Built to house the elderly and deserving of the parish in 1872 by local entrepreneur Josiah Saville, who secured the rights to produce Robert Bunsen’s eponymous laboratory burner in the village in 1862. The little factory was the sole supplier of bunsen burners in the East of England, and in its heyday employed over 40 workers. The factory brought some minor prosperity to the little village, and in 1871, Saville proposed the building of some splendid almshouses, originally for the benefit of those factory workers who were “beyond the age of useful employment.” The proposal was eventually accepted by the Parish Council after some deliberation and a plot of land at Murrow’s Drift was secured for 3 Guineas. The almshouses were originally named after Saville himself (Saville’s Row) as he had put forward all of the money, but was rededicated in Bunsen’s name following the infamous Saville incident at the Soddenham Womens Institute (now disbanded) which is very rarely mentioned in any local histories of the area.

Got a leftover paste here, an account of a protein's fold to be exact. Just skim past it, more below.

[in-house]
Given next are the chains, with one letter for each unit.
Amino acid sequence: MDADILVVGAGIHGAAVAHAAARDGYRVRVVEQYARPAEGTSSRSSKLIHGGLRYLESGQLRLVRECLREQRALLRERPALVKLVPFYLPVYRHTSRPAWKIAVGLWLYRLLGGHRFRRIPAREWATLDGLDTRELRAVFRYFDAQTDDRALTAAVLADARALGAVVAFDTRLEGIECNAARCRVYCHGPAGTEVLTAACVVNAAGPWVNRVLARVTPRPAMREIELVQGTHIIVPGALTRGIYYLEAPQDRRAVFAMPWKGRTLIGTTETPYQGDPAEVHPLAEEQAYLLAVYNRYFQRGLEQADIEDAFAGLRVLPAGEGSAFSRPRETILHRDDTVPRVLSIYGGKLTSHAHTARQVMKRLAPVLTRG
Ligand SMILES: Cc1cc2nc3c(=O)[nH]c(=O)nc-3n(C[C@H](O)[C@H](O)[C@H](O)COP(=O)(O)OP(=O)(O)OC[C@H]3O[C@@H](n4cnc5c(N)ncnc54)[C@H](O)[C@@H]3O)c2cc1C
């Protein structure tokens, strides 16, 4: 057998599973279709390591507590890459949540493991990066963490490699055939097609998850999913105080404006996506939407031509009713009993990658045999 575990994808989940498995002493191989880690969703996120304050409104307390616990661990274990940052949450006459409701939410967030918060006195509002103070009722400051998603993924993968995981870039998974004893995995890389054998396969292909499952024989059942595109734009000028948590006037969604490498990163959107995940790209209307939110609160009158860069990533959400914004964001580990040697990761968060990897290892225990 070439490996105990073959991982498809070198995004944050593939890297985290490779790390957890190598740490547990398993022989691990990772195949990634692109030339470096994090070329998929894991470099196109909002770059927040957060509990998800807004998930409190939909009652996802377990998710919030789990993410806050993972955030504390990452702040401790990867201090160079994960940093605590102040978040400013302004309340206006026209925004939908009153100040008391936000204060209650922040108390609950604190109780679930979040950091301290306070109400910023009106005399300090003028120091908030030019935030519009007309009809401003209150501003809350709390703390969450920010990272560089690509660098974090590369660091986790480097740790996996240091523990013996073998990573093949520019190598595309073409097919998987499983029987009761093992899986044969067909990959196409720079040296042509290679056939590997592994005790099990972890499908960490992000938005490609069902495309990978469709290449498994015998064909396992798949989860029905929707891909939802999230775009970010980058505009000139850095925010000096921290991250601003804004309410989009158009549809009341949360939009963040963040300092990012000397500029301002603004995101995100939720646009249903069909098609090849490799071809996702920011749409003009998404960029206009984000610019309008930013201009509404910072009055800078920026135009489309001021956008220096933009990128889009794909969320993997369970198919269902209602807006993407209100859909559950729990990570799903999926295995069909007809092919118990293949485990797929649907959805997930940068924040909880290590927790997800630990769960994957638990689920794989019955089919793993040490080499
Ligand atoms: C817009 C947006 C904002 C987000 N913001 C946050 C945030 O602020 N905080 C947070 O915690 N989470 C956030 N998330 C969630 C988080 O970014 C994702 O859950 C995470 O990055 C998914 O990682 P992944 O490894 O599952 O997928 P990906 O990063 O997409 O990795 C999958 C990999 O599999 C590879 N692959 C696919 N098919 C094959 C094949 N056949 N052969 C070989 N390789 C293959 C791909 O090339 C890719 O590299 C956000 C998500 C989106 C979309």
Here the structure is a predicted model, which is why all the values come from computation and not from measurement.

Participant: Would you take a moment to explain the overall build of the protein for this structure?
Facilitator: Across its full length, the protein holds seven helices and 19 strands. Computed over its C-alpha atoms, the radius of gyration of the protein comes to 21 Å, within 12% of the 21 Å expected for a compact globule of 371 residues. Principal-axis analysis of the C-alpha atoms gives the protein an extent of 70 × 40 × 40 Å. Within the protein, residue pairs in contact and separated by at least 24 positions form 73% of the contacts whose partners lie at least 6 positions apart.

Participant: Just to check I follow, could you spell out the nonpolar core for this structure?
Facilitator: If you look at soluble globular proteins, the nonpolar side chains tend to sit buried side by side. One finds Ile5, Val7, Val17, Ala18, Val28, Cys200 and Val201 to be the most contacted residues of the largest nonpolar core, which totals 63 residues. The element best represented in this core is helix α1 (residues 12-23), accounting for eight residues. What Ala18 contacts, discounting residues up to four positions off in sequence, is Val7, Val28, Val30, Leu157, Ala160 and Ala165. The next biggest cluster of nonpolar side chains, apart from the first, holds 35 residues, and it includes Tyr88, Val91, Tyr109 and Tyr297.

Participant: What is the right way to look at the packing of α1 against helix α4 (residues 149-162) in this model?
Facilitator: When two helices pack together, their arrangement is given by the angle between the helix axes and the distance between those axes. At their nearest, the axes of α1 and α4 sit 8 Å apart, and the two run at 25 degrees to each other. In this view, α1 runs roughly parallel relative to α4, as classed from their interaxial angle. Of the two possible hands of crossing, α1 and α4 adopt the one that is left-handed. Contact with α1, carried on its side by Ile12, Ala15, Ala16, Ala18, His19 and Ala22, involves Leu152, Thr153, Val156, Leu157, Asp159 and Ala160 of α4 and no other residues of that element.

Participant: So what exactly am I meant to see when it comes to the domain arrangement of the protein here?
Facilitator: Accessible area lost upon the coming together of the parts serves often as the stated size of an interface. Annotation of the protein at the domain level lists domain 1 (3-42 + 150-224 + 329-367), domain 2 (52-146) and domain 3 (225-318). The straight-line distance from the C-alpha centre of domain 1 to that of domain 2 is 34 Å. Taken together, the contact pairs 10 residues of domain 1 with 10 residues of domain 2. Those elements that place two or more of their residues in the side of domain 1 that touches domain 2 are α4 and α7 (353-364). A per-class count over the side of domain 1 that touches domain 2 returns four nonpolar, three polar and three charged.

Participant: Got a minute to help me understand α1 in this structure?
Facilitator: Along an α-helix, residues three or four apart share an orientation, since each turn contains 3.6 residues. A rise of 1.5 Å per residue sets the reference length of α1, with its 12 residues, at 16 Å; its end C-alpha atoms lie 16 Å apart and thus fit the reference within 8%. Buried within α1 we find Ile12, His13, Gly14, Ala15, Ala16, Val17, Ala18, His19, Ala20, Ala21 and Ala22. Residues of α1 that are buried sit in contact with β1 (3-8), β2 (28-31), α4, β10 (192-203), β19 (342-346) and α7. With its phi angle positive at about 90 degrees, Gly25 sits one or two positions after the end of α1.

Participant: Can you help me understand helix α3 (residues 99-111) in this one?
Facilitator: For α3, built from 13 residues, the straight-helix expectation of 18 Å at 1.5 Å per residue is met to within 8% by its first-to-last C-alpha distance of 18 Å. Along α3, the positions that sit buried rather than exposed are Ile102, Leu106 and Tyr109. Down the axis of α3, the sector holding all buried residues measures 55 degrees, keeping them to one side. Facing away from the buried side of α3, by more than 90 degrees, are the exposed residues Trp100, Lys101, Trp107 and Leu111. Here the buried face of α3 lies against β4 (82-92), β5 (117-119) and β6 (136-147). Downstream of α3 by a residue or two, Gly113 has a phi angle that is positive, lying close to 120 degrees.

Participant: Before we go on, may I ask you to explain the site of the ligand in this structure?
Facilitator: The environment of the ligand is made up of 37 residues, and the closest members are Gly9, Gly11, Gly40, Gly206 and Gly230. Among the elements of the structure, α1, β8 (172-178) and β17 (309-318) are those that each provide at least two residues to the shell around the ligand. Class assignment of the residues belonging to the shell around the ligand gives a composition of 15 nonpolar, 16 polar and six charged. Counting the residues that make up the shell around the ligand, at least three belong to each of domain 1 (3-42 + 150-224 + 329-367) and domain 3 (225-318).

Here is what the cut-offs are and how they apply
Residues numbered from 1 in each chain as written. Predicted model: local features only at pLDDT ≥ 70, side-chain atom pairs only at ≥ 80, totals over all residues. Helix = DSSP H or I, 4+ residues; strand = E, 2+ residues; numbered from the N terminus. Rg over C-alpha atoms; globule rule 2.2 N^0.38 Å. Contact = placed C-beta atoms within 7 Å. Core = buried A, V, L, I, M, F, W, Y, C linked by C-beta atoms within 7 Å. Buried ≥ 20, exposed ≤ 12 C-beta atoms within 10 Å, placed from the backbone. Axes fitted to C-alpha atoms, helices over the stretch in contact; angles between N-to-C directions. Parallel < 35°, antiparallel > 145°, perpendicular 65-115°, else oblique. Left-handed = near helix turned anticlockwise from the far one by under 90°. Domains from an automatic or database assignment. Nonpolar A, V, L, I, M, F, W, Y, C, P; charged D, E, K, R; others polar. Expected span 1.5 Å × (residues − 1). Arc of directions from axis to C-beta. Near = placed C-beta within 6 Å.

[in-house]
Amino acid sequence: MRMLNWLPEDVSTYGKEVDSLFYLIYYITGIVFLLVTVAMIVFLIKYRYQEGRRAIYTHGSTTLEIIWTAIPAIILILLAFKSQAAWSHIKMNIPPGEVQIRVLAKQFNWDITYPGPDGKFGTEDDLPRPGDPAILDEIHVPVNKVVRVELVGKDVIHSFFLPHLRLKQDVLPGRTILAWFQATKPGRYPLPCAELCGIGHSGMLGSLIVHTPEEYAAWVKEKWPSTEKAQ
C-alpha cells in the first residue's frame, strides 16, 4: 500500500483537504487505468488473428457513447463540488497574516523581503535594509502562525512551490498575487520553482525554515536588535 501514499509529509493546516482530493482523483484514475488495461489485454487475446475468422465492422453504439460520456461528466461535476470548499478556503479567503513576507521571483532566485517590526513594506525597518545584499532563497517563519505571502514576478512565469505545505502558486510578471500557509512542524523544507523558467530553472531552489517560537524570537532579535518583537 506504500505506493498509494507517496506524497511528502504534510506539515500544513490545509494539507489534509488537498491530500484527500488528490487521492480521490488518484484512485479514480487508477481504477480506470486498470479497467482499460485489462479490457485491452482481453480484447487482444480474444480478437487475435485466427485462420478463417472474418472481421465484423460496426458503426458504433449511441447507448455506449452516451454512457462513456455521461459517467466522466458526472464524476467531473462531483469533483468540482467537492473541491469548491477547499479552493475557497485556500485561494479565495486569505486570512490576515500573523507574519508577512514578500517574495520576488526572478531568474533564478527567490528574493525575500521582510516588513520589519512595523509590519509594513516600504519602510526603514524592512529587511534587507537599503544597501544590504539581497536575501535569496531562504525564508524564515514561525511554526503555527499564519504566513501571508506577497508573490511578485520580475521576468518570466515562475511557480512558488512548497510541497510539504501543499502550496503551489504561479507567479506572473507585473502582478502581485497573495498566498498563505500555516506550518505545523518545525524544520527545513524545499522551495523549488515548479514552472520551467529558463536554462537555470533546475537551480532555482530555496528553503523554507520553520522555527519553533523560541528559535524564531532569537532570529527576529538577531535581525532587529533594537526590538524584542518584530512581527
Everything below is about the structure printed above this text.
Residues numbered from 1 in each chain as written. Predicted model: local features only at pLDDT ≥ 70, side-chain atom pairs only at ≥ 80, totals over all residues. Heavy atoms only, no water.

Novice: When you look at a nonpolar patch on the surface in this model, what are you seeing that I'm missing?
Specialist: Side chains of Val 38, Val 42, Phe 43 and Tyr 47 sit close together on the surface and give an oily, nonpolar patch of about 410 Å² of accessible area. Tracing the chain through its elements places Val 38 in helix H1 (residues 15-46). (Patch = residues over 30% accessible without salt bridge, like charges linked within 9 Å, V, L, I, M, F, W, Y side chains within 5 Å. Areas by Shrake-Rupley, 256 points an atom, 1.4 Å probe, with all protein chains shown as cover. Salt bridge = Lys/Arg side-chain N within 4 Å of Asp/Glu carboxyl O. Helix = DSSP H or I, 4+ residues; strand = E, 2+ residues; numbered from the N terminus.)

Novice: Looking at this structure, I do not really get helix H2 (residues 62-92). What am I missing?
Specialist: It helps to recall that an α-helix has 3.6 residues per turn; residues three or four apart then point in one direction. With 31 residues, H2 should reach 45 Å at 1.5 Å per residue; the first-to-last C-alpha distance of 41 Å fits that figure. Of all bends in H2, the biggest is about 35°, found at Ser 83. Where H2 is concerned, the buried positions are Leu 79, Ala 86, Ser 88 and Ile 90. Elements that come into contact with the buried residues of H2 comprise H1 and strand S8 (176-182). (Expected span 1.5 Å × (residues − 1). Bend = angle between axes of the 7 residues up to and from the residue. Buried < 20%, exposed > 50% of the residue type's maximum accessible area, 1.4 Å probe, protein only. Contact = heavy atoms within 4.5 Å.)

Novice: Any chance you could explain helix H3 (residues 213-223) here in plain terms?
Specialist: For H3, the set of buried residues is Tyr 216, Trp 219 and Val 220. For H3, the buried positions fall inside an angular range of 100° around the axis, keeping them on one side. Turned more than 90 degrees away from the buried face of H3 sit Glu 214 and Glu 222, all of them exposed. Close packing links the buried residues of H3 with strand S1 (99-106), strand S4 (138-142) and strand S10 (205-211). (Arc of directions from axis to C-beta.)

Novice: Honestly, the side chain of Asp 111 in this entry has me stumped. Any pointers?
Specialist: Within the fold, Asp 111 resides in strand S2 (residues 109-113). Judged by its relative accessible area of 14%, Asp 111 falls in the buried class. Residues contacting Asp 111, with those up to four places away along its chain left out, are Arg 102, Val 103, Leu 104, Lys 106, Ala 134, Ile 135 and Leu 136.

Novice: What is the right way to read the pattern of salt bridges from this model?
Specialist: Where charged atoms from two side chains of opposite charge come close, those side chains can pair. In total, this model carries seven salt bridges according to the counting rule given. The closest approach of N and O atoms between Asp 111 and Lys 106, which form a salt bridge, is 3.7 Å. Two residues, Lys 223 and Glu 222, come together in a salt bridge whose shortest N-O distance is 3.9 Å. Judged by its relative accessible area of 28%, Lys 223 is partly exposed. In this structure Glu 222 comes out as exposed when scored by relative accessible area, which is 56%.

Bunsen’s Buildings, 1872. Carstone with gault brick dressings and slate roof. Two storey with 5 gabled windows evenly distributed. Some windows with Gothic tracery. Hollow dentil eaves cornice, gabled roof and ridge stacks carrying quadrille diamond flues.
Architect: N.A. Sampson